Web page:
Countering the effects of time with Laser Blended Vision.
You may have heard that laser surgery is powerless against the effects of ageing on the eye. And, in some clinics, that might be true. To save you from reading glasses or bifocals, most surgeons have to rely on synthetic lenses, inserted surgically into the eye. But Professor Reinstein and his team have pioneered a unique laser treatment to counter the effects of ageing in the eye.
This revolutionary technique, Laser Blended Vision, can significantly reduce, or even eliminate, the need for reading glasses, bifocals or varifocals for many years. Already, over 1,000 patients have benefited from this remarkable treatment, which we have offered since 2005.
The effect of age on the eye is called presbyopia – literally translated as ‘old eye’. Age affects the eye as it affects every other part of the body. Starting in early middle age, the lens inside the eye stiffens, becoming less flexible, while at the same time the muscles that alter the shape of the lens, allowing you to shift focus from near to far, become weaker. Nobody is immune to this condition, and unchecked it inevitably means reading glasses, bifocals or varifocals.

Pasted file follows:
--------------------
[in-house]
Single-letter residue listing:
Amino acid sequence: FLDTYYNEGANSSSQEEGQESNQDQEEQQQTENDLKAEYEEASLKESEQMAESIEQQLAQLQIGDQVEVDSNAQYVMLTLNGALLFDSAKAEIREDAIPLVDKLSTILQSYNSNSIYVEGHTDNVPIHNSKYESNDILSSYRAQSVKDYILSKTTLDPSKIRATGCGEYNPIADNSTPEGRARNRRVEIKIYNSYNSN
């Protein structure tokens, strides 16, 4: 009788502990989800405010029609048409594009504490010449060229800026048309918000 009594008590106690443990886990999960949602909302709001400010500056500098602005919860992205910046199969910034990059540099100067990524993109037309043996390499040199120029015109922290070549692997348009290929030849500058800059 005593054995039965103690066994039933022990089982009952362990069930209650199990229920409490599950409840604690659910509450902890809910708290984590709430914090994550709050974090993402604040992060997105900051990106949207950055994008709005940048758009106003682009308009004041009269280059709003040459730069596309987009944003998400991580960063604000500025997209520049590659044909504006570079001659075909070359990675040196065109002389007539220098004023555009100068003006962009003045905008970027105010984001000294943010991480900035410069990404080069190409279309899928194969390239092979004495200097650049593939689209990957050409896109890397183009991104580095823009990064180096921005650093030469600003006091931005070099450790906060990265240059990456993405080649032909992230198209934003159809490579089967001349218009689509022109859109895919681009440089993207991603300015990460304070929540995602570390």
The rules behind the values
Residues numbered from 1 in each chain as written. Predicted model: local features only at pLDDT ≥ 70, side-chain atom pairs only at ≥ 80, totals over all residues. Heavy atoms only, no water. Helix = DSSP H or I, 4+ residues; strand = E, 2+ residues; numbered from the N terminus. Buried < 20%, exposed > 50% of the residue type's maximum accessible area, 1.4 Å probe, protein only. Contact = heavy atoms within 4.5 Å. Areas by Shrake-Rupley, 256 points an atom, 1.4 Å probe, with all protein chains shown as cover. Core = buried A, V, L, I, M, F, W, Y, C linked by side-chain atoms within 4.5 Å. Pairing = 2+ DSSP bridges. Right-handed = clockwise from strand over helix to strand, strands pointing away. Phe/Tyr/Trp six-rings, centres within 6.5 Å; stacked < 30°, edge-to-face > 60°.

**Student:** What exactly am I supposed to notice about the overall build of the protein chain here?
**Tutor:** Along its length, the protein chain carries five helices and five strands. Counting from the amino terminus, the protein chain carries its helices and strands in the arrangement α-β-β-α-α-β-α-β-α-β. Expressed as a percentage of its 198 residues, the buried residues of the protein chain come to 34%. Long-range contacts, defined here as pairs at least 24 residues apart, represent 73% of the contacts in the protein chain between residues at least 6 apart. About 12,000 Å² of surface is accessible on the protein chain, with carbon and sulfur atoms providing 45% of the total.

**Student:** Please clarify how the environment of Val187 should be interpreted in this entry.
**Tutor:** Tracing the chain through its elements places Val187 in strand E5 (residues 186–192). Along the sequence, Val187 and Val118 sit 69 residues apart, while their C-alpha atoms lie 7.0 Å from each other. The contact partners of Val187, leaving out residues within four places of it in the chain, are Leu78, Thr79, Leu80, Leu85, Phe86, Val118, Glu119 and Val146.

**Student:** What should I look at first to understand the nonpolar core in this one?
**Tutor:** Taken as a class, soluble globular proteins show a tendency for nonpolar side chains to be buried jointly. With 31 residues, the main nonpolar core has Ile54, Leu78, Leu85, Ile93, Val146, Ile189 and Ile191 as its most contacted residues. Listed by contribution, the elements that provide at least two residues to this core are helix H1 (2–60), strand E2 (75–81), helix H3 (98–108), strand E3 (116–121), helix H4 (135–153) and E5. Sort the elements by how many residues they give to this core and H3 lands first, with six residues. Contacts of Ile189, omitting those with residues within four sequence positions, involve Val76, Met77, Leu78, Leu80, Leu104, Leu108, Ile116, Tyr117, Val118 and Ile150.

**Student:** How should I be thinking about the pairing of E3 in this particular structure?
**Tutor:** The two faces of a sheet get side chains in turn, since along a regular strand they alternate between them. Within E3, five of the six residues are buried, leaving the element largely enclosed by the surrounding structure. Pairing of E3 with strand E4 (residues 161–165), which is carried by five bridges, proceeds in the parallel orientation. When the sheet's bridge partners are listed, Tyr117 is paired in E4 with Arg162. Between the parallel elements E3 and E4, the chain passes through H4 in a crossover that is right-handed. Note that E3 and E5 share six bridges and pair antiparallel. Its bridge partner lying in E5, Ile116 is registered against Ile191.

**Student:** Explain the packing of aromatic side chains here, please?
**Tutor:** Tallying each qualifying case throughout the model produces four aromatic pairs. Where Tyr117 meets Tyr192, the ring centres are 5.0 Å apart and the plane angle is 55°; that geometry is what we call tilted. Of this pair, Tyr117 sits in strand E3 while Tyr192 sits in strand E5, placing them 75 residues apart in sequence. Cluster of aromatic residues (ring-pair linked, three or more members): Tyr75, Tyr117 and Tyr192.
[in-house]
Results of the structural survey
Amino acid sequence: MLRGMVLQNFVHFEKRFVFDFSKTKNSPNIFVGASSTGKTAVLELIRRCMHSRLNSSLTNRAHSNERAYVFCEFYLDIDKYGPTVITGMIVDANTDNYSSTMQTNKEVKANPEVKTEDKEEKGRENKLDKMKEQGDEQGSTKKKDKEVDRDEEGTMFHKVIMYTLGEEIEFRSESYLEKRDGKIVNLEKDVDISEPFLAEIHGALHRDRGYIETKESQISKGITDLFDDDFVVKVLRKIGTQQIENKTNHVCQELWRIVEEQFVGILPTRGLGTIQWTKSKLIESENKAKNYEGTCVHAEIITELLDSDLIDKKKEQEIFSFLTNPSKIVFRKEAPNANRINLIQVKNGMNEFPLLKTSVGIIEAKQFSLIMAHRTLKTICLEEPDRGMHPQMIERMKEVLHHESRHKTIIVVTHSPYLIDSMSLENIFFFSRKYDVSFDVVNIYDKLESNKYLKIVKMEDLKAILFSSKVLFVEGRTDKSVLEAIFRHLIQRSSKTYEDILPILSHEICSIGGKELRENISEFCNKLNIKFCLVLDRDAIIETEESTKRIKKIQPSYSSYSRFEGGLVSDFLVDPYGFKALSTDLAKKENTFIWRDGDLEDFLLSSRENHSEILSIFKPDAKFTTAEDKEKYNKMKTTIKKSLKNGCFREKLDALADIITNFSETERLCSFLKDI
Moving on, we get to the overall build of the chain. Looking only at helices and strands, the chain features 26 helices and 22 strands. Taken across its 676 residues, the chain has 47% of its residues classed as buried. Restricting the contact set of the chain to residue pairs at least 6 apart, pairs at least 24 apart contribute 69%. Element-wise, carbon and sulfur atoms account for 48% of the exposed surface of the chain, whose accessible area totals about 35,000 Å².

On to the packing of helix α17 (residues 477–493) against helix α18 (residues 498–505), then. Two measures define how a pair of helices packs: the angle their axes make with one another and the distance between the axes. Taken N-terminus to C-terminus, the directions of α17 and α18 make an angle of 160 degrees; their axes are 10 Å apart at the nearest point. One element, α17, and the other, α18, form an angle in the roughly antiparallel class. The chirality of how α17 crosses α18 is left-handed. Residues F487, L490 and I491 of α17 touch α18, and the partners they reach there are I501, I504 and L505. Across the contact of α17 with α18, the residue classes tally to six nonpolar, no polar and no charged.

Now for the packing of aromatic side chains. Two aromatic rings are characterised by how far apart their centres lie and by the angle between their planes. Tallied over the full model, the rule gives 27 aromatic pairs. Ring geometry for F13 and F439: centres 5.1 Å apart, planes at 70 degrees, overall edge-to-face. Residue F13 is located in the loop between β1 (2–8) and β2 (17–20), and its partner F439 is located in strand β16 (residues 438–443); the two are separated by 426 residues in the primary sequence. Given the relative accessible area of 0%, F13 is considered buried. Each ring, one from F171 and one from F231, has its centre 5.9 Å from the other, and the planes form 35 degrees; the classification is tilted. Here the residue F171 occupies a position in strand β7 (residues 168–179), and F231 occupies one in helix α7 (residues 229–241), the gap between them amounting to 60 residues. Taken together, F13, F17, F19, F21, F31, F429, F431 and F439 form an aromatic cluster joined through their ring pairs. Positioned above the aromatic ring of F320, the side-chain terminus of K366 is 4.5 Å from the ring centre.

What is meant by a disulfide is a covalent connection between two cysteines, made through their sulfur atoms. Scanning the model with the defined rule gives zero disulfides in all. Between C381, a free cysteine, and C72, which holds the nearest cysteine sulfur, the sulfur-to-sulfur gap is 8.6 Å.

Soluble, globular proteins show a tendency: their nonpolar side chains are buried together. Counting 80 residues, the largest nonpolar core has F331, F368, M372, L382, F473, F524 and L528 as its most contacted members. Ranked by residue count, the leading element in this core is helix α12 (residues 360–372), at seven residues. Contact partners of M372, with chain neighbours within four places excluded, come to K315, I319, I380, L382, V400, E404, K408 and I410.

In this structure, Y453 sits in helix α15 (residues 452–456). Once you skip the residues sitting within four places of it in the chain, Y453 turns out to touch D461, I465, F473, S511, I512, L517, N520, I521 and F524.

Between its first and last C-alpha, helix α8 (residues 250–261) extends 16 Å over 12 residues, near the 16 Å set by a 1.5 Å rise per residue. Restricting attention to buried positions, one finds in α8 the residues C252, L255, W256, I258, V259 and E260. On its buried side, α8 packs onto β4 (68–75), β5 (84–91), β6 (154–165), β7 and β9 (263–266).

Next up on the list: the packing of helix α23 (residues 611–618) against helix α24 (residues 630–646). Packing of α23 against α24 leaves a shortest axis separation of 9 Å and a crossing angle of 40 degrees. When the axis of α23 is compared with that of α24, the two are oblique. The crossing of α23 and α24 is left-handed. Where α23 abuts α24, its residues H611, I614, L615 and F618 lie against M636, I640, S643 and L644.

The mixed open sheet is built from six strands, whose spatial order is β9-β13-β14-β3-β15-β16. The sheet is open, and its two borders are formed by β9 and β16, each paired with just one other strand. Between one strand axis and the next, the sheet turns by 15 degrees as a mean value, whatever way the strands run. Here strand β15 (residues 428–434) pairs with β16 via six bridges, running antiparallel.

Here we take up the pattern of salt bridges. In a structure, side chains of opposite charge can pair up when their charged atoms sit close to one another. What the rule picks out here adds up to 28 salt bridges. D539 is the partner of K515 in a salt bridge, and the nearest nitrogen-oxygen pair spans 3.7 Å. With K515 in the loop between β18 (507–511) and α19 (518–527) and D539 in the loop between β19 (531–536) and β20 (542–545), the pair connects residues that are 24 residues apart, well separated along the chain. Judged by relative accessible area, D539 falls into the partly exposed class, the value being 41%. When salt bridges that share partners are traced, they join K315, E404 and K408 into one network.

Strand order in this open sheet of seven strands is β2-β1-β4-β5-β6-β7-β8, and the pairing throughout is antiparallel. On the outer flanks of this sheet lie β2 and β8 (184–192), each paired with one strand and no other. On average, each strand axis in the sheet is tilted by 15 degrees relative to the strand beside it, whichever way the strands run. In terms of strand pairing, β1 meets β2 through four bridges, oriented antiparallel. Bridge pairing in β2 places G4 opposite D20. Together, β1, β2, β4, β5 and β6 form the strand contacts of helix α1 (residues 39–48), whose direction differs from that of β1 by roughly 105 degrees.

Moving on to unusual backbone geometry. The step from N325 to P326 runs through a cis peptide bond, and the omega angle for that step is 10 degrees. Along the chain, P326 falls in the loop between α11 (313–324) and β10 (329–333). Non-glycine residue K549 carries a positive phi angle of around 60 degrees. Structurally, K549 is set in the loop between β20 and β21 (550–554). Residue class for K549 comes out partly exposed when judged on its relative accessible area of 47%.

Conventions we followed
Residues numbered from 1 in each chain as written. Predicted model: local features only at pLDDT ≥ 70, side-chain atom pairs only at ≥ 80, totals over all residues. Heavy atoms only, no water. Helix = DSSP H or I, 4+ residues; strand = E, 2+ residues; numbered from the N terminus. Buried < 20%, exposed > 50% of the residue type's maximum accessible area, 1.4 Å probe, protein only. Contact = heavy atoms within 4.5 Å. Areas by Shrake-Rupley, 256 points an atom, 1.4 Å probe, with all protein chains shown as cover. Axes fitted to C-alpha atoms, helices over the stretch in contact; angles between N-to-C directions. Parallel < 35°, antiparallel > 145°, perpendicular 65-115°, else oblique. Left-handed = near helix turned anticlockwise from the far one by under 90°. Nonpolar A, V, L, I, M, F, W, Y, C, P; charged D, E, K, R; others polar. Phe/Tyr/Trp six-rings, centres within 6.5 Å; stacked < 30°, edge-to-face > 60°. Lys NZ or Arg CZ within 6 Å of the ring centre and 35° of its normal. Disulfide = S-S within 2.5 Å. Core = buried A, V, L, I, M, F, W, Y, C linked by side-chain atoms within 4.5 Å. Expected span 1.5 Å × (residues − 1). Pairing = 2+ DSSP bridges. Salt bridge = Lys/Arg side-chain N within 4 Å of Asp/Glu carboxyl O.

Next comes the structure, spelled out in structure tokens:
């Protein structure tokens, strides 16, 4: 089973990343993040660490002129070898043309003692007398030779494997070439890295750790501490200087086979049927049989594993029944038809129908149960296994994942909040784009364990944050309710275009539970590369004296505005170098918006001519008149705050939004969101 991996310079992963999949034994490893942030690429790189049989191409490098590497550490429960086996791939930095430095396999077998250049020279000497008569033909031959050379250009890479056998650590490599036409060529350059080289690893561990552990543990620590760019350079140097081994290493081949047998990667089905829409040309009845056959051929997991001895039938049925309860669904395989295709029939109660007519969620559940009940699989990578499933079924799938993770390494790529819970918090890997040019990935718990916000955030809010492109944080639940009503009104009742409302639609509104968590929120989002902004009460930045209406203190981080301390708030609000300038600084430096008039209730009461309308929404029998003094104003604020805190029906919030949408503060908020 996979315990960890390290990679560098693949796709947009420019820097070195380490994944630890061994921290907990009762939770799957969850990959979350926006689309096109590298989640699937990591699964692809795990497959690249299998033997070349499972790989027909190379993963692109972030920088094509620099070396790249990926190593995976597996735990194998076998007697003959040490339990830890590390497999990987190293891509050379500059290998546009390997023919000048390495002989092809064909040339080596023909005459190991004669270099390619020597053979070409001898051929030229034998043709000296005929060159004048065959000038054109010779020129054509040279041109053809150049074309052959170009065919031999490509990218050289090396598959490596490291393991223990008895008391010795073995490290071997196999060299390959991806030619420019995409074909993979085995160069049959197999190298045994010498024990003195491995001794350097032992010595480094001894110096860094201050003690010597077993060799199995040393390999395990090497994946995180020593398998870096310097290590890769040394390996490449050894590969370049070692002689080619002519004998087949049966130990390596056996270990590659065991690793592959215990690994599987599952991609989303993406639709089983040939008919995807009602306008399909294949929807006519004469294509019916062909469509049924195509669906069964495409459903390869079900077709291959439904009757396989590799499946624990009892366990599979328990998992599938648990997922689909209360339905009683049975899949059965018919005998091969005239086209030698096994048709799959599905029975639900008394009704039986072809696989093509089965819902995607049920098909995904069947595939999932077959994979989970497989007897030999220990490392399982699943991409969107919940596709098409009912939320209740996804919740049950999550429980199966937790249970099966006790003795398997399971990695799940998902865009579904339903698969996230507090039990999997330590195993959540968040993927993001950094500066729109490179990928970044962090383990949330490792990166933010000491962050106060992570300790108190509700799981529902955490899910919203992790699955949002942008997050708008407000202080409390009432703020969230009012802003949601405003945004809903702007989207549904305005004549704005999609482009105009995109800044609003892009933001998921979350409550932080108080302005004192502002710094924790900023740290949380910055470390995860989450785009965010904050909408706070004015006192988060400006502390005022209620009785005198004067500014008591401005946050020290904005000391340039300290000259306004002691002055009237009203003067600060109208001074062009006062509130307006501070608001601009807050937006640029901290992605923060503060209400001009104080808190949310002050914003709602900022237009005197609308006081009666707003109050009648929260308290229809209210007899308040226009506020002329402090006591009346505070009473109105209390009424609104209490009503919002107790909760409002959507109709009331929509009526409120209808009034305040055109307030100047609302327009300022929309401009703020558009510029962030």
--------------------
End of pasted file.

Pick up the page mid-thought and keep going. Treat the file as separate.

London Vision Clinic has also pioneered treatments for people with high prescriptions. Read about our High Profile treatments.
Laser Blended Vision adjusts each eye in different ways. One eye is adjusted to focus mostly at distance, and a little close up, while the other is the opposite: mostly up close and a little at distance. The brain soon adapts, combining the two eyes to give much greater depth of vision and an all-round improvement in visual acuity, and meaning that most patients can throw away those infuriating reading glasses:
- Over 98% of Laser Blended Vision patients can read normal newsprint (‘N8’).
- Over 90% of Laser Blended Vision patients can read the small print on medicine bottle inserts.
Not to be confused with monovision
Laser Blended Vision is much more effective, and easier to adapt to, than the traditional solution – monovision. Monovision uses lenses (or older laser systems) to make one eye focus close up, and one eye focus for distance. This is a far less sophisticated solution, suitable for only around 50% of patients. In comparison, studies have shown that Laser Blended Vision is suitable for 97% of people.
So, while we may not be able to stop the ageing process in its tracks, we can make it much more comfortable and convenient for almost everyone.